Advice and answers from the Regroup Mass Notification Team

Common Alerting Protocol (CAP)

What is Common Alerting Protocol (CAP)?

The Common Alerting Protocol (CAP) is an XML-based data format standard for exchanging alert data among many different technologies and systems. CAP allows a warning message to be sent simultaneously over many CAP-compliant warning systems to many different outlets (such as radio, television, cell phones, Internet).CAP is a well established international technical specification developed by the Organization for the Advancement of Structured Information Standards (OASIS). The concept grew out of an earlier effort of the Partnership for Public Warning. 

"Mapping" between CAP and CMAS/WEA

The primary purpose of a CMAS/WEA message is to briefly alert the recipient that a hazardous event is occurring (or will occur) in the geographic area in which the recipient is located. The CMAS/WEA specification limits the message to not more than 90 characters. As noted in the previous section, CMAS/WEA does not use any values from the CAP description, instruction, or area description elements for “imminent threat” alerts. Instead, IPAWS generates text derived from other CAP elements to compose the message using a specific format.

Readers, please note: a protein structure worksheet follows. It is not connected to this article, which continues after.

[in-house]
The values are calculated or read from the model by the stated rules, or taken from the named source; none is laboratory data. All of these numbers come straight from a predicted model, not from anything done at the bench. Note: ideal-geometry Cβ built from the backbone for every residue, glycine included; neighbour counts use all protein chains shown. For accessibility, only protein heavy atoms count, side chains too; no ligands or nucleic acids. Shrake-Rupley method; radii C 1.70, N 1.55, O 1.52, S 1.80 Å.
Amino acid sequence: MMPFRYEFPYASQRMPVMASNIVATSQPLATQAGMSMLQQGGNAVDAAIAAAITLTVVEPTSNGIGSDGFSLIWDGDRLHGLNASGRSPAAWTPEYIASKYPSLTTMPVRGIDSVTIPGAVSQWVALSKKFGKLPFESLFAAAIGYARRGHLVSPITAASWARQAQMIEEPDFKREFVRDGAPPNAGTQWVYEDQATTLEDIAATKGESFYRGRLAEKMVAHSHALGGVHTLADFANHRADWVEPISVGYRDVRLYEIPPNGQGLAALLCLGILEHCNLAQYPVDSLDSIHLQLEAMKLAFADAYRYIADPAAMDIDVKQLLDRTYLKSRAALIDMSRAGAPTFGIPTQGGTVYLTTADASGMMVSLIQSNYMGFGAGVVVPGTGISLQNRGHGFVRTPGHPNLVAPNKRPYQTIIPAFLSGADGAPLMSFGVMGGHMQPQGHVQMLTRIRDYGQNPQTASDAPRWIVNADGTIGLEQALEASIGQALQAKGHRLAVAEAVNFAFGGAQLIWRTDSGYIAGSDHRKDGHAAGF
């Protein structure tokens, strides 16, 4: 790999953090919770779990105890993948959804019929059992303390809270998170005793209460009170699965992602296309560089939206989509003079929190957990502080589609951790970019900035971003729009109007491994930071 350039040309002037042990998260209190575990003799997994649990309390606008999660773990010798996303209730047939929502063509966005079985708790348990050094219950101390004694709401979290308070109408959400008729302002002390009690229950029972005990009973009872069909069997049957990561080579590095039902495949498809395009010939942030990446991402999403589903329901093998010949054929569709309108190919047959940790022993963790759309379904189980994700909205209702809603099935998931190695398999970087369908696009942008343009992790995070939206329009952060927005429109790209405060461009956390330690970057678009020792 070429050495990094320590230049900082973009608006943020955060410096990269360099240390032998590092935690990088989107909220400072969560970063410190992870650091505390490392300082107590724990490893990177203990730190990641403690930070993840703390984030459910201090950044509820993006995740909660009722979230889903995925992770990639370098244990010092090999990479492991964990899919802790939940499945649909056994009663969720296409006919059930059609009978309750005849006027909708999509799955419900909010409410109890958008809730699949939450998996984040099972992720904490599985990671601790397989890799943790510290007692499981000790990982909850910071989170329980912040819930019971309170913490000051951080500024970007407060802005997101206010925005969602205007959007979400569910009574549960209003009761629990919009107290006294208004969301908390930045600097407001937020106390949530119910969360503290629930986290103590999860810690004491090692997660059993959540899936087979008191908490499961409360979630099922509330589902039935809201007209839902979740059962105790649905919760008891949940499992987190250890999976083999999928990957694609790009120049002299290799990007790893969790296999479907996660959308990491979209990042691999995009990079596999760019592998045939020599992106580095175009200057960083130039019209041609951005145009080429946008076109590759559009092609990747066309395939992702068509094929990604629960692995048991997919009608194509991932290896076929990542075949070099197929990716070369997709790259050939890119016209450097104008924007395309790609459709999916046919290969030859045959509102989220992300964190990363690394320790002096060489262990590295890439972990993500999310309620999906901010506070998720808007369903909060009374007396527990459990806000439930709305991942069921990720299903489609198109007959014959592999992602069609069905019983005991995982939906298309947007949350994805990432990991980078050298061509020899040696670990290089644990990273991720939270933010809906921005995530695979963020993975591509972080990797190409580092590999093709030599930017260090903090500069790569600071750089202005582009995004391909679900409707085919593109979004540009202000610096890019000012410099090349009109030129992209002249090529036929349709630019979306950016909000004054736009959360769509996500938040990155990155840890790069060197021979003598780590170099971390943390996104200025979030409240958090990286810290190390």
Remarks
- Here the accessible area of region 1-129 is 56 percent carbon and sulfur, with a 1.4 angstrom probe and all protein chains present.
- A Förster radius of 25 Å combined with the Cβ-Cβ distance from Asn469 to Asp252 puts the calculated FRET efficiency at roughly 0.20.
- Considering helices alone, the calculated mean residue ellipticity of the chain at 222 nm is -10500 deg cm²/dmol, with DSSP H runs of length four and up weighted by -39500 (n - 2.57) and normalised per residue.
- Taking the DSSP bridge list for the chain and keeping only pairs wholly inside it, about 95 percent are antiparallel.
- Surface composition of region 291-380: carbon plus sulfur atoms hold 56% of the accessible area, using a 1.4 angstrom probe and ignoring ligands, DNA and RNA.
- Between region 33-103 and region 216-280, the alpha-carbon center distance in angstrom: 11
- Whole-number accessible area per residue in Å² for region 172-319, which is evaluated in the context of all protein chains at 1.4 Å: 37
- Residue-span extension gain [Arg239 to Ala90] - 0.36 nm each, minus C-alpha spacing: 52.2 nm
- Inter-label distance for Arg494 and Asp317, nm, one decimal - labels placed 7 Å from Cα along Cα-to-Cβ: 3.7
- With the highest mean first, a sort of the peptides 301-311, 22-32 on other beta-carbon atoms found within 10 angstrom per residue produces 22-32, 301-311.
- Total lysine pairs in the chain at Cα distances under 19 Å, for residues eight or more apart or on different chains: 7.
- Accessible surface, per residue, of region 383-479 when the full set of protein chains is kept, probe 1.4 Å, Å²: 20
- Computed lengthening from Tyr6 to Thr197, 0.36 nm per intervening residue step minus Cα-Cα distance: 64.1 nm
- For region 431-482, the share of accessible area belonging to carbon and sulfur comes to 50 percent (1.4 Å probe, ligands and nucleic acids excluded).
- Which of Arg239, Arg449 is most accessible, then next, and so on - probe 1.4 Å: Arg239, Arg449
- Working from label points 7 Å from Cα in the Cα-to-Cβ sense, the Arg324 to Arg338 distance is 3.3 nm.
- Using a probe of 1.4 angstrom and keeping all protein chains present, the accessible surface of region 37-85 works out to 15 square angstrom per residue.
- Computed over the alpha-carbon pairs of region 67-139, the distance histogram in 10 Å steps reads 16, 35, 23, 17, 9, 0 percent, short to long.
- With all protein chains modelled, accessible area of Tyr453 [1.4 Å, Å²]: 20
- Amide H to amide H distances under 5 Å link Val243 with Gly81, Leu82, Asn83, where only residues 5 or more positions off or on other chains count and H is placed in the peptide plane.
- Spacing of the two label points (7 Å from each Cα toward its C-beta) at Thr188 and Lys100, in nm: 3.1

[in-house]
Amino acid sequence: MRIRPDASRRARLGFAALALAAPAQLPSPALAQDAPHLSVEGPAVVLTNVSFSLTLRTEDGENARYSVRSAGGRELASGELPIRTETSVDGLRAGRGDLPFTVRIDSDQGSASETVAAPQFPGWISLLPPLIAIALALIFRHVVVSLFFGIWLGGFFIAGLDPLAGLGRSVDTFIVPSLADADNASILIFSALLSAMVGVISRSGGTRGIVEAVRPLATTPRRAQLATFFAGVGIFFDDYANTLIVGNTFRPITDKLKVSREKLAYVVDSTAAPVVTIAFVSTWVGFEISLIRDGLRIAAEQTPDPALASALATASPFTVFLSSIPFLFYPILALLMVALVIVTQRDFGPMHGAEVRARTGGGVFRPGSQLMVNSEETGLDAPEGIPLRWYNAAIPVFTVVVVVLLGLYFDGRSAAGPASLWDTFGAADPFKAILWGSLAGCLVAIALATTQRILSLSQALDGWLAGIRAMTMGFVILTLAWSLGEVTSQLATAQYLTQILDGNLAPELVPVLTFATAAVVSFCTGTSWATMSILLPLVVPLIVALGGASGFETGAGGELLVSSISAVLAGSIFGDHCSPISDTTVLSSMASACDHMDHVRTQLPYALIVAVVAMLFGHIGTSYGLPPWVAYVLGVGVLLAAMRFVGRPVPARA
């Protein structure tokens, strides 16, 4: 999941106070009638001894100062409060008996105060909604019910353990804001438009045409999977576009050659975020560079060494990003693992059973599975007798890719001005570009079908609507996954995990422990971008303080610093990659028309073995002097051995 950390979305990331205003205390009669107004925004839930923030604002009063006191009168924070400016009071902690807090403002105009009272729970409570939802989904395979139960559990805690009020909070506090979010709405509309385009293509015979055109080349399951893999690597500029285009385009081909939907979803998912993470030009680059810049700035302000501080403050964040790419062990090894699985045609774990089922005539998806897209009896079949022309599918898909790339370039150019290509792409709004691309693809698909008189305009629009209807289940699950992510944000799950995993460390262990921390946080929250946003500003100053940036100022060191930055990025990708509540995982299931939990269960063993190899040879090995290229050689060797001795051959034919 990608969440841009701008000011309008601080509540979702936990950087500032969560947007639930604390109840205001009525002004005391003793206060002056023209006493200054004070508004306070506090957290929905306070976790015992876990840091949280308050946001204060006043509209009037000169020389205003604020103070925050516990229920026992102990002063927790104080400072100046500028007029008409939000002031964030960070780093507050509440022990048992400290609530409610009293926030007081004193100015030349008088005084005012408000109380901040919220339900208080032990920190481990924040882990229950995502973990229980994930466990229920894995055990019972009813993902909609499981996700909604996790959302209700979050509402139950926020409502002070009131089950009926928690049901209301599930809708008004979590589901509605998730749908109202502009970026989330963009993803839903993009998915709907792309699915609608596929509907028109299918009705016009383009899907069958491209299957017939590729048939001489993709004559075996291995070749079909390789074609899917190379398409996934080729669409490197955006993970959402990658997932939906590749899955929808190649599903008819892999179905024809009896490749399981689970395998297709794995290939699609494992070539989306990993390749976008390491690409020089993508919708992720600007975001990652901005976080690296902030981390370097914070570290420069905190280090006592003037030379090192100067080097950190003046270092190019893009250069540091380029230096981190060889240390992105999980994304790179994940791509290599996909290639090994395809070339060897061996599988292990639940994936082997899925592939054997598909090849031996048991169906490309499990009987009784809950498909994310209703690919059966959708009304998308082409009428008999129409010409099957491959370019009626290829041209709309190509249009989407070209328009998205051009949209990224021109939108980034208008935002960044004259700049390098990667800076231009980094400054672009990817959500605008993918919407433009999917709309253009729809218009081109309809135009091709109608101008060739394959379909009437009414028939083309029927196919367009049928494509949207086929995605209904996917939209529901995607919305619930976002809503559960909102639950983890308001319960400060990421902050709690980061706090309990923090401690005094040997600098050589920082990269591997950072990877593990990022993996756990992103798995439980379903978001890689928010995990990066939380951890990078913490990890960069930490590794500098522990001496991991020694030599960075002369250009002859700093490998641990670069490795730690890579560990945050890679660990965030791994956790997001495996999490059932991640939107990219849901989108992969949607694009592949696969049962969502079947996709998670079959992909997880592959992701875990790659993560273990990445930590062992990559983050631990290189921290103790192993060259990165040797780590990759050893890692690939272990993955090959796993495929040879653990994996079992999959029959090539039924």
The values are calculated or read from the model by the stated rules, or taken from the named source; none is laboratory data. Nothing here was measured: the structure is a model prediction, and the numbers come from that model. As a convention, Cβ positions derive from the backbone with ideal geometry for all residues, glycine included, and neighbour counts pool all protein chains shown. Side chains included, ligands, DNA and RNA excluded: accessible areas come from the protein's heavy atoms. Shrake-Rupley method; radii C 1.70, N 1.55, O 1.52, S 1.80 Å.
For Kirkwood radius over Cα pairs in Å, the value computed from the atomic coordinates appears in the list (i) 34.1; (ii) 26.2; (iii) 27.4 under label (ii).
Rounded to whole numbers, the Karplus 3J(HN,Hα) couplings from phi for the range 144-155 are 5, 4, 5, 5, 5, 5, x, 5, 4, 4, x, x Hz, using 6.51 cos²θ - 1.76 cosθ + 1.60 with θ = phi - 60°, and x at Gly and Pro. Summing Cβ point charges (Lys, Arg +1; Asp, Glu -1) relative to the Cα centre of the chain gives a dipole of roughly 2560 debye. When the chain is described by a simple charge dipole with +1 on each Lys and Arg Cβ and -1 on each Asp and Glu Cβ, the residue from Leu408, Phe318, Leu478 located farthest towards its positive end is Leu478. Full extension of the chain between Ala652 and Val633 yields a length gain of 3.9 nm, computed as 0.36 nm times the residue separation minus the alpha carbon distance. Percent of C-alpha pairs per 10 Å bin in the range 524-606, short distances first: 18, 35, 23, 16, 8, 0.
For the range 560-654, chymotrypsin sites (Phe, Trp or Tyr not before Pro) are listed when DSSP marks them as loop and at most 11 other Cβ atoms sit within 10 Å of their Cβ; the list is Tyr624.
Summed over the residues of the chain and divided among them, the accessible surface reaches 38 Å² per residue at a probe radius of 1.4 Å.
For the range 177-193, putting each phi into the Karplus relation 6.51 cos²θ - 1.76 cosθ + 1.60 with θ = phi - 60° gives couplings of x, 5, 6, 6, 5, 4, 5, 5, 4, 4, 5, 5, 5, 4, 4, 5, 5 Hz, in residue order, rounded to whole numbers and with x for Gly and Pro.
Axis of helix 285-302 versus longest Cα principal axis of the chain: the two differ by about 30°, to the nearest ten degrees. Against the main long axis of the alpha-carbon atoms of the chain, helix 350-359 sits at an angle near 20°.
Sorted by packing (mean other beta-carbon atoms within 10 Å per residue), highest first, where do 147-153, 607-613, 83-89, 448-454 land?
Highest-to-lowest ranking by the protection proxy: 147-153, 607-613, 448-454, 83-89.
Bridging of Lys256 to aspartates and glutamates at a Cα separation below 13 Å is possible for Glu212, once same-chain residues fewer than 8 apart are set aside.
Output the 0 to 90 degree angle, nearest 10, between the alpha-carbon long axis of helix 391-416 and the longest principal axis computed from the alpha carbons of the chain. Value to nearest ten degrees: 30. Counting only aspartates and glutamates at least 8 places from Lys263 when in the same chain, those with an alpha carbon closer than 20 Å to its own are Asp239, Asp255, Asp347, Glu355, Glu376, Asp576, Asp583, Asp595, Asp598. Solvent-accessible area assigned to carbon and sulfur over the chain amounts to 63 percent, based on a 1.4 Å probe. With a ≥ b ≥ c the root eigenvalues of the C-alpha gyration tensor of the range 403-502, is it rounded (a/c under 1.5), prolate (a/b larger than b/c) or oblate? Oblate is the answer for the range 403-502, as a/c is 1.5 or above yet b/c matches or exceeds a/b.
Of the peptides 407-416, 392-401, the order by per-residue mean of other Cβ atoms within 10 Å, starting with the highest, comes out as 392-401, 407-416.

CAP Data Elements

Alert Category: 

Geo: Geophysical (including landslides)
Met: Meteorological (including floods)
Safety: General emergency and public safety
Security: Law enforcement, military, homeland and local/private security
Rescue: Rescue and recovery
Fire: Fire suppression and rescue
Health: Medical and public health
Env: Pollution and other environmental
Transport: Public and private transportation
Infra: Utility, telecommunication, other non-transport infrastructure
CBRNE: Chemical, Biological, Radiological, Nuclear or High-Yield Explosive threat or attack
Other: Other events

Urgency

Immediate: Responsive action should be taken immediately
Expected: Responsive action should be taken soon (within next hour)
Future: Responsive action should be taken in the near future
Past: Responsive action is no longer required
Unknown: Urgency not known

 

Severity

 Extreme: Extraordinary threat to life or property
Severe: Significant threat to life or property
Moderate: Possible threat to life or property
Minor: Responsive action is no longer required
Unknown: Severity unknown

Certainty

Observed: Determined to have occured or to be ongoing
Likely: Probability is greater than or equal to 50%
Possible: Probability is less than 50%
Unlikely: Not expected to occur
Unknown: Certainly unknown

Event Response:

Shelter: Take schelter in place or per instruction
Evacuate: Relocate as instructed in the instruction
Prepare: Make preparations per the instruction
Execute: Execute a pre-planned activity identified in instruction
Avoid: Avoid the subject event as per the instruction
Monitor: Attend to information sources as described in instruction only 

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